The Pac-12 said Thursday it will stand pat with its membership and not look to add schools to the 12-team conference, making it highly unlikely that the Big 12 schools being left behind by Texas and Oklahoma will find new Power Five homes.
The announcement comes two days after the Pac-12, Atlantic Coast Conference and Big Ten pledged to work together on governance issues and scheduling agreements in football and basketball.
The formation of a three-conference alliance was announced a little less than a month after the Southeastern Conference invited Texas and Oklahoma to join the league in 2025, which would coincide with the end of the Big 12’s current television contract.
With Pac-12 expansion off the board, and both the ACC and Big Ten stating publicly that they are content with their current membership, the eight remaining Big 12 schools appear to have limited options beyond sticking together.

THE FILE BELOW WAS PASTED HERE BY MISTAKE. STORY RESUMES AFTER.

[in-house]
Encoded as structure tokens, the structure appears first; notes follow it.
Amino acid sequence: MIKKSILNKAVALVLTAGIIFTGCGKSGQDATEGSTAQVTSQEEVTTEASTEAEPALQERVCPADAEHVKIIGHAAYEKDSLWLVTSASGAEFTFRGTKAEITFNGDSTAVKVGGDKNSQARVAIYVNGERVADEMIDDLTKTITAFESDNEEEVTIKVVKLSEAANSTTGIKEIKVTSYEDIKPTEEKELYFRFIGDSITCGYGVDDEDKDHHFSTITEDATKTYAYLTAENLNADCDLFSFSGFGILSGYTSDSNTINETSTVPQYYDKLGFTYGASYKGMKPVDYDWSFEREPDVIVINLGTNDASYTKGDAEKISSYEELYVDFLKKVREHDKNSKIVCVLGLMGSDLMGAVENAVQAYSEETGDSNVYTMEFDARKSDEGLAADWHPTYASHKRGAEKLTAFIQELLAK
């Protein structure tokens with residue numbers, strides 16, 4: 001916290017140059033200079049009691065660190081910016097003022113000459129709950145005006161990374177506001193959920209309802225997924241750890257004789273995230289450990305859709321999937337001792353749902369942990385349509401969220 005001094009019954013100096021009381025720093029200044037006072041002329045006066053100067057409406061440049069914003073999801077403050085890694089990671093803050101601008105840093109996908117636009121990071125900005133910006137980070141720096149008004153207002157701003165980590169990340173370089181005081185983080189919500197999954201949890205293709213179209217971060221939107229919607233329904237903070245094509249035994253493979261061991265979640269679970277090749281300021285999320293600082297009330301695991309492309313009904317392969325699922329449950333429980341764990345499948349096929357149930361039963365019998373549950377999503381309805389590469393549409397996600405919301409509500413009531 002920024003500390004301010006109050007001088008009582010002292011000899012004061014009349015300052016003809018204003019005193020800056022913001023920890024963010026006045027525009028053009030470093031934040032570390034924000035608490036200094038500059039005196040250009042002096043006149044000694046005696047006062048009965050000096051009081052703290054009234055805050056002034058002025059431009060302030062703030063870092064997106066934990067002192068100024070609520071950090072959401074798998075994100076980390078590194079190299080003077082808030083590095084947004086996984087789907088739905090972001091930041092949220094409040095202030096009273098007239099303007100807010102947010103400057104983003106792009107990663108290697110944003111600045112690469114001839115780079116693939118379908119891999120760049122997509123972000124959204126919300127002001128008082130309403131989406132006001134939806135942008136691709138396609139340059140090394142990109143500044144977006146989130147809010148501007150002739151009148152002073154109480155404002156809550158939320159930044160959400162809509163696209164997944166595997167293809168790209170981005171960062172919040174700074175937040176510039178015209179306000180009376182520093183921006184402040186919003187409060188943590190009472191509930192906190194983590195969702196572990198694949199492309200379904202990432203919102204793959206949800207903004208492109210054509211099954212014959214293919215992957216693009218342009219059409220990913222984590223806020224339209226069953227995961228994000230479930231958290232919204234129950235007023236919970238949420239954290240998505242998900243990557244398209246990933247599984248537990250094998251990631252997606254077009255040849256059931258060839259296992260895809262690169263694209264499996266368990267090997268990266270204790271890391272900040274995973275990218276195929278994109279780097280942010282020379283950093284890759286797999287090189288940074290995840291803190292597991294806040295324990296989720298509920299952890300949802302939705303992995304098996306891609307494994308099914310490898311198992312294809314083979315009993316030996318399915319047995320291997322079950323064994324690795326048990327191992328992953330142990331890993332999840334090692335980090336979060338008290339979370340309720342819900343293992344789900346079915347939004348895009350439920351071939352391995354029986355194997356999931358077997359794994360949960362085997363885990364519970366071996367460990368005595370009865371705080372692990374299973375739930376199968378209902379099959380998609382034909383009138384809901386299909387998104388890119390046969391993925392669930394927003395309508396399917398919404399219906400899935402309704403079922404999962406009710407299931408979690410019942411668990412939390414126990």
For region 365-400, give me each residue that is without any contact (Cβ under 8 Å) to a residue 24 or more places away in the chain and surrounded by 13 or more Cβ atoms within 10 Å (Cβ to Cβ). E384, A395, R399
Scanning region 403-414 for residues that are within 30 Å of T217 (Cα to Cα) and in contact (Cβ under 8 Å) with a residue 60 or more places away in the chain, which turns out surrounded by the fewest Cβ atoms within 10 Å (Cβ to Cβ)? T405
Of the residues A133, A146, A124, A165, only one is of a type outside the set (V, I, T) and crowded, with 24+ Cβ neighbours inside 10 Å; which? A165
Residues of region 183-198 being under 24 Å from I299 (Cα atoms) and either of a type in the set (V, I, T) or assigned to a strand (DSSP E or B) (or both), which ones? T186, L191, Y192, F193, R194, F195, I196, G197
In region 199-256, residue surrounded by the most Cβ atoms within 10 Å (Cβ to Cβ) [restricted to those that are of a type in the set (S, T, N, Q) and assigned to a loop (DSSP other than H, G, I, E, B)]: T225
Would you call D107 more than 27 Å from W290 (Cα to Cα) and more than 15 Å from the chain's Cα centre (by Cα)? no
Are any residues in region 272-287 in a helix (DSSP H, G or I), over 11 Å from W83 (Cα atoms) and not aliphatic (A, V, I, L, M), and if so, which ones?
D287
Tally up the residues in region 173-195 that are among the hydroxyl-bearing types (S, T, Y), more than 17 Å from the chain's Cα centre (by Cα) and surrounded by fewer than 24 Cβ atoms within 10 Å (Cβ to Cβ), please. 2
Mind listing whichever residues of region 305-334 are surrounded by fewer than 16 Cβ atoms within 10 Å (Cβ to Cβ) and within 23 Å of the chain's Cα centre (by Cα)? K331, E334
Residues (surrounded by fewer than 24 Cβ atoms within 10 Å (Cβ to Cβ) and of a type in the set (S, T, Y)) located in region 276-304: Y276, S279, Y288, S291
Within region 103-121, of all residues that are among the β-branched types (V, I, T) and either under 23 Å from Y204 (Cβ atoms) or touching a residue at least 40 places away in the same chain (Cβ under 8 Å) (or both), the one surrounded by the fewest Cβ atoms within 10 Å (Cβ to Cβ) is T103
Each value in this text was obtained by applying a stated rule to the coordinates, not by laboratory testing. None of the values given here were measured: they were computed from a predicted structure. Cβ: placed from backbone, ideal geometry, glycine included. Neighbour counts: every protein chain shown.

“The decision by Texas and Oklahoma led to significant instability in college athletics and I don’t think instability is good for college athletics, particularly given all the other issues that are facing us right now,” Pac-12 Commissioner George Kliavkoff told The Associated Press. “I think you heard my colleagues in the ACC and Big Ten agree with that position that we need to bring a stability back to college athletics.”
The Pac-12 appears positioned to reap some of the benefits of expansion, such as games in the Central and Eastern time zones and exposure to new recruiting territory, through the alliance with the Big Ten and ACC.
Kliavkoff had openly talked recently about how the conference had a group of athletic directors and university presidents analyzing the possibility of expansion, and that their work would be finished soon.
Kilavkoff declined to say which schools had reached out to the Pac-12 about membership opportunities, or even how many.
He said part of creating the stability the alliance is aiming for included coming to a quick and transparent decision on expansion.
“We did the work necessary to determine that we were happy with our current makeup and that we think we can thrive with 12,” Kilavkoff said. “It was a unanimous vote of our presidents and chancellors to stay at 12.”